After all, Maester Luwin’s wasn’t, and he hadn’t done anything wrong except get in the way of an Iron Island spear. His talk with Bran and Rickon in the Godswood was a powerful moment charged with eye-moistening emotion, while the sight of the two younger Starks heading north as Winterfell burned behind them was one of the saddest sights of the entire season.
Over in Qarth, Daenerys proved herself every inch the Targaryen, her brush with the warlocks proving that Game Of Thrones is as adept at making magic work on screen as it is anything else. Her stroll through the House Of The Undying was fascinating, from the shattered throne room at King’s Landing (could it have been destroyed by dragon fire?) to her heartbreaking reunion with Drogo, reminding us just how far she’s come. Dany’s arc has been a little slow-moving, but this final episode made up for all that; her ruthless and cruel method of dealing with Xaro and Doreah was pure Targaryen. Both Dany and her dragons are growing into a force to be reckoned with, and I doubt the old gods or the new will be able to stop her when she finally reaches Westeros.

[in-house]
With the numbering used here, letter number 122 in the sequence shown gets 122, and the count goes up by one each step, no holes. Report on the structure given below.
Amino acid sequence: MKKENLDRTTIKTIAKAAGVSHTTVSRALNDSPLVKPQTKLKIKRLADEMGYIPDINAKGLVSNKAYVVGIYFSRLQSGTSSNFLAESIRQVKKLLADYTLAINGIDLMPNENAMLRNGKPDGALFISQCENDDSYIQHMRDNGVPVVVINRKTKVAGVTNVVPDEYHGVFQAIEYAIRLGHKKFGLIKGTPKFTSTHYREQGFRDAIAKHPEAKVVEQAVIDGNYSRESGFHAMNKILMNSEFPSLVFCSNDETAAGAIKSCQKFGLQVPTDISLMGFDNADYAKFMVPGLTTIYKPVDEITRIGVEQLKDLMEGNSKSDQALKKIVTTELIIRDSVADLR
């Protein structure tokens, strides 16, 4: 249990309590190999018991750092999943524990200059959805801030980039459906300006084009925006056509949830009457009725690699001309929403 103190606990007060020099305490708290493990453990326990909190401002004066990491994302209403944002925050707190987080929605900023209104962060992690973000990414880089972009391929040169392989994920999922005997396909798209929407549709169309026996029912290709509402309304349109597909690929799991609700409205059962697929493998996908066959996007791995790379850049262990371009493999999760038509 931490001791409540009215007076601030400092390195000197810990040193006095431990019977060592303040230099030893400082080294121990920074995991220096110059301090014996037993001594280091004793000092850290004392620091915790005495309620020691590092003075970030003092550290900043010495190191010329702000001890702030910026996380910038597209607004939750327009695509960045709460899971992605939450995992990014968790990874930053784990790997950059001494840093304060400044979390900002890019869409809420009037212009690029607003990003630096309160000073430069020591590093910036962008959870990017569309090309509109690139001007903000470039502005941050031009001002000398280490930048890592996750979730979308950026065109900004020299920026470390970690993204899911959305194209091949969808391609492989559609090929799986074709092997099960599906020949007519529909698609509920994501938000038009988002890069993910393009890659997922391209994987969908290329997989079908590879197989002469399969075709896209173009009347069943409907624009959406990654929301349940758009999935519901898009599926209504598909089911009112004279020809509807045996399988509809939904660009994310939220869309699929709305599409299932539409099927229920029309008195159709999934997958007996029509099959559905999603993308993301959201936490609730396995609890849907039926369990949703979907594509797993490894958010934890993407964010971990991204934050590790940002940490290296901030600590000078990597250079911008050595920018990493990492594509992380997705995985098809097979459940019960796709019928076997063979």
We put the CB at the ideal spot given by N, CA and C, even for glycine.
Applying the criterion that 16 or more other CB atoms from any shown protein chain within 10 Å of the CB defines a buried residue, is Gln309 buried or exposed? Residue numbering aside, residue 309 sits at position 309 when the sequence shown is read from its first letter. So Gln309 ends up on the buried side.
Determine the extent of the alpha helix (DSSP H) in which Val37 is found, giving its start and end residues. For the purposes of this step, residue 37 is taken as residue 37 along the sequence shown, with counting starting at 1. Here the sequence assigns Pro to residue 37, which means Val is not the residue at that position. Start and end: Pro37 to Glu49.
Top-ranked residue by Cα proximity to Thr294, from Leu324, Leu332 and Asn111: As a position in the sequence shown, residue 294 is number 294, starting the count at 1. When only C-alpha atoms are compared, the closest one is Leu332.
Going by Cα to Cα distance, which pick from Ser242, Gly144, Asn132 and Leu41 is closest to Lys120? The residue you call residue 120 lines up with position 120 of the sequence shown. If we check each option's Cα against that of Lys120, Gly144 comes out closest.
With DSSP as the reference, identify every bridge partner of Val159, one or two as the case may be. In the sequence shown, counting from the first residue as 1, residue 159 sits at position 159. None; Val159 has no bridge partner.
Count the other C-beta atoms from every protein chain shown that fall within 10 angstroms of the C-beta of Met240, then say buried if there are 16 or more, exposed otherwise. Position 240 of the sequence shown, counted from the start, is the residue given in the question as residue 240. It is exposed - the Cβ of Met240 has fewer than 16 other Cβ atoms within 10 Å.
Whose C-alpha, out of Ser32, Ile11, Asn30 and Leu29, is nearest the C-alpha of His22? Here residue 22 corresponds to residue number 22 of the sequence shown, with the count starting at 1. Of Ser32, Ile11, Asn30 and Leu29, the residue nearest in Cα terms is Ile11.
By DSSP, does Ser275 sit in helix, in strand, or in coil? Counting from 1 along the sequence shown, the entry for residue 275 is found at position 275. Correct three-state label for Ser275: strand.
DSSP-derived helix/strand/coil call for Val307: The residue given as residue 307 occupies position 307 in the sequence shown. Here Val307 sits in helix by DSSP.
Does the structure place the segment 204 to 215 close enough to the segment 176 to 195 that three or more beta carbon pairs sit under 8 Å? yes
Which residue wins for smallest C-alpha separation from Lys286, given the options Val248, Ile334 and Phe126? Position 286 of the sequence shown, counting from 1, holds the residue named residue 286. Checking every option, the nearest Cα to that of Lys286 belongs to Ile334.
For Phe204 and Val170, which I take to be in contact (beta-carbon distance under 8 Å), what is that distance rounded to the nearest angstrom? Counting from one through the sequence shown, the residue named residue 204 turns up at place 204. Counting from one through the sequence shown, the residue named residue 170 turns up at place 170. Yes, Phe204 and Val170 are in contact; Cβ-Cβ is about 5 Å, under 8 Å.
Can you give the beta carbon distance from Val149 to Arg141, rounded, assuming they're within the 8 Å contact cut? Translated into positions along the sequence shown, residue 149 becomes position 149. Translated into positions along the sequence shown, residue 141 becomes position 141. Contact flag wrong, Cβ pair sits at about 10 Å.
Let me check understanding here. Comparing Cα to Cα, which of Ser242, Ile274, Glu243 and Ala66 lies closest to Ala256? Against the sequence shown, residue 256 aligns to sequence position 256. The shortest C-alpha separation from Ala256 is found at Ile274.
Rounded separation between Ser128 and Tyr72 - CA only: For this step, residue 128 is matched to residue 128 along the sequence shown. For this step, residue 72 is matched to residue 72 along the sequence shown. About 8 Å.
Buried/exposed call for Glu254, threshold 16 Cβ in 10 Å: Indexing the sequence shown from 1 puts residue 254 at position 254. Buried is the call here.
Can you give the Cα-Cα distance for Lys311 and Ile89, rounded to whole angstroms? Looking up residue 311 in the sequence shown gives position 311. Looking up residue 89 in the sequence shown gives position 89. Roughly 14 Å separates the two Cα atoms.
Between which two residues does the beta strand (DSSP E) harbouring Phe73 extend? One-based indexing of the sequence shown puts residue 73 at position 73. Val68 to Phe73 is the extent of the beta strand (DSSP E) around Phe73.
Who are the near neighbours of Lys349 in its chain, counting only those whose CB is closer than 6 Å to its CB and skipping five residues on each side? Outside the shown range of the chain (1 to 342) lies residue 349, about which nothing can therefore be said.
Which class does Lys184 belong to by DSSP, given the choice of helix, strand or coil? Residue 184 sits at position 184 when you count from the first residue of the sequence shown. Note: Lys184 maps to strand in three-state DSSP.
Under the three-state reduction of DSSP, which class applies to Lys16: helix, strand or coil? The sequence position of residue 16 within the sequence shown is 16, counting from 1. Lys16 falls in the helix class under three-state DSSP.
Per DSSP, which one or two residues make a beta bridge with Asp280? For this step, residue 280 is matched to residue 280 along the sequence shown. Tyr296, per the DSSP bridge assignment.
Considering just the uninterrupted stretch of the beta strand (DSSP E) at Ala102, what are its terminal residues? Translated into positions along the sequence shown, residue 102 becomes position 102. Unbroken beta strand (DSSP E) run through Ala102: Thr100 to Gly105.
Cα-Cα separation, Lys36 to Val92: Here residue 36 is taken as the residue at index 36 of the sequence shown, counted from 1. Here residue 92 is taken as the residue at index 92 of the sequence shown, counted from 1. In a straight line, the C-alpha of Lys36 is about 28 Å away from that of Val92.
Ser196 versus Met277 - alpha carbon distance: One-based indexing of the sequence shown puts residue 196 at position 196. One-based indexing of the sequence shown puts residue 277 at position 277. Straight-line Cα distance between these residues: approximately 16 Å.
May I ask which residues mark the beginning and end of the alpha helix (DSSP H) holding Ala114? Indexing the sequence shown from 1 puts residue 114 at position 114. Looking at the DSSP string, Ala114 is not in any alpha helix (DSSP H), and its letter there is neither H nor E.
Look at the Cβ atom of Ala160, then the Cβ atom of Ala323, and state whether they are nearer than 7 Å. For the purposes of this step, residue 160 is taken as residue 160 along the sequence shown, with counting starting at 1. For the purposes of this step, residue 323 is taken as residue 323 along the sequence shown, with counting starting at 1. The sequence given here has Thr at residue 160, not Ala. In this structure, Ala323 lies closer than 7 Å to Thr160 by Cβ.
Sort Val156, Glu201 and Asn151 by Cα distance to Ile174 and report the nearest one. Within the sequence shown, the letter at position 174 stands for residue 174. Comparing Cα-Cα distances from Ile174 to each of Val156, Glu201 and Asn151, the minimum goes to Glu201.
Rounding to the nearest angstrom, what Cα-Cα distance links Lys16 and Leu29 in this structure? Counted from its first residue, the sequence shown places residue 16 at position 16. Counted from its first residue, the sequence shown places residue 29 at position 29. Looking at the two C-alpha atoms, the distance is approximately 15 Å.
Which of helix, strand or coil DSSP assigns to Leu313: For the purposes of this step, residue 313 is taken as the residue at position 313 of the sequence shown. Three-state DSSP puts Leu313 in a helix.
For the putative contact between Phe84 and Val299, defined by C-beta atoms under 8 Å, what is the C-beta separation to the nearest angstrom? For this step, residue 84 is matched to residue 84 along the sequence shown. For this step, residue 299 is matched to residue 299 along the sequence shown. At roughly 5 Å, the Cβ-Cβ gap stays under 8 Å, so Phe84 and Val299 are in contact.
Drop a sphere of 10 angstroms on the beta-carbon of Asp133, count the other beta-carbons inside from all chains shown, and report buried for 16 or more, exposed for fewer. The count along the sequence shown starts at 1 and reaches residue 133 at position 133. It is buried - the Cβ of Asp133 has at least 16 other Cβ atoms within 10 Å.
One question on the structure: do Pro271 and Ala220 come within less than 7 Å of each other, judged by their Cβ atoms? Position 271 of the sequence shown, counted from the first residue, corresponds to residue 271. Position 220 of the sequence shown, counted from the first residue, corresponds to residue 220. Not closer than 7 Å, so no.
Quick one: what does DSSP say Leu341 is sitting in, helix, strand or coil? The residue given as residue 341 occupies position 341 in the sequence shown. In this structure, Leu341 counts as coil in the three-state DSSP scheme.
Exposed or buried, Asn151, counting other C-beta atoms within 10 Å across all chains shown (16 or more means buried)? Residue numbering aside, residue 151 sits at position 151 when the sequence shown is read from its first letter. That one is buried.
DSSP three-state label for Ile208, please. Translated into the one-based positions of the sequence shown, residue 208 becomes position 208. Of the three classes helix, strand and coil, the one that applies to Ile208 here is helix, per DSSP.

Saying that, who knows if there will even be a Westeros but the time she gets there? The cold winds have well and truly risen north of the wall, and the dead are coming. The army of snow-zombies led by screeching white walkers was a sight to behold (beat that The Walking Dead, where are your zombie horses huh?), although why they didn’t kill Sam made little sense. Still, can you imagine that lot attacking the wall? Suddenly, “Blackwater” looks like little more than a warm up for a war on a totally different scale.
As Jon discovered, the white walkers aren’t the only threat lurking in the deep north. The King Beyond The Wall’s army looks formidable, and now Jon is heading right into the heart of it. His fight with the Halfhand was perhaps not signposted clearly enough for some, but the old ranger’s intentions are clear enough now. Jon’s new role as a double agent in the midst of the wildling forces, not to mention the attentions of Ygritte, should make the future damned interesting for Ned’s wayward bastard. Now the wait for next season begins – it’s going to be a long one.
Best line: Qhorin: “We are the watchers on the wall.”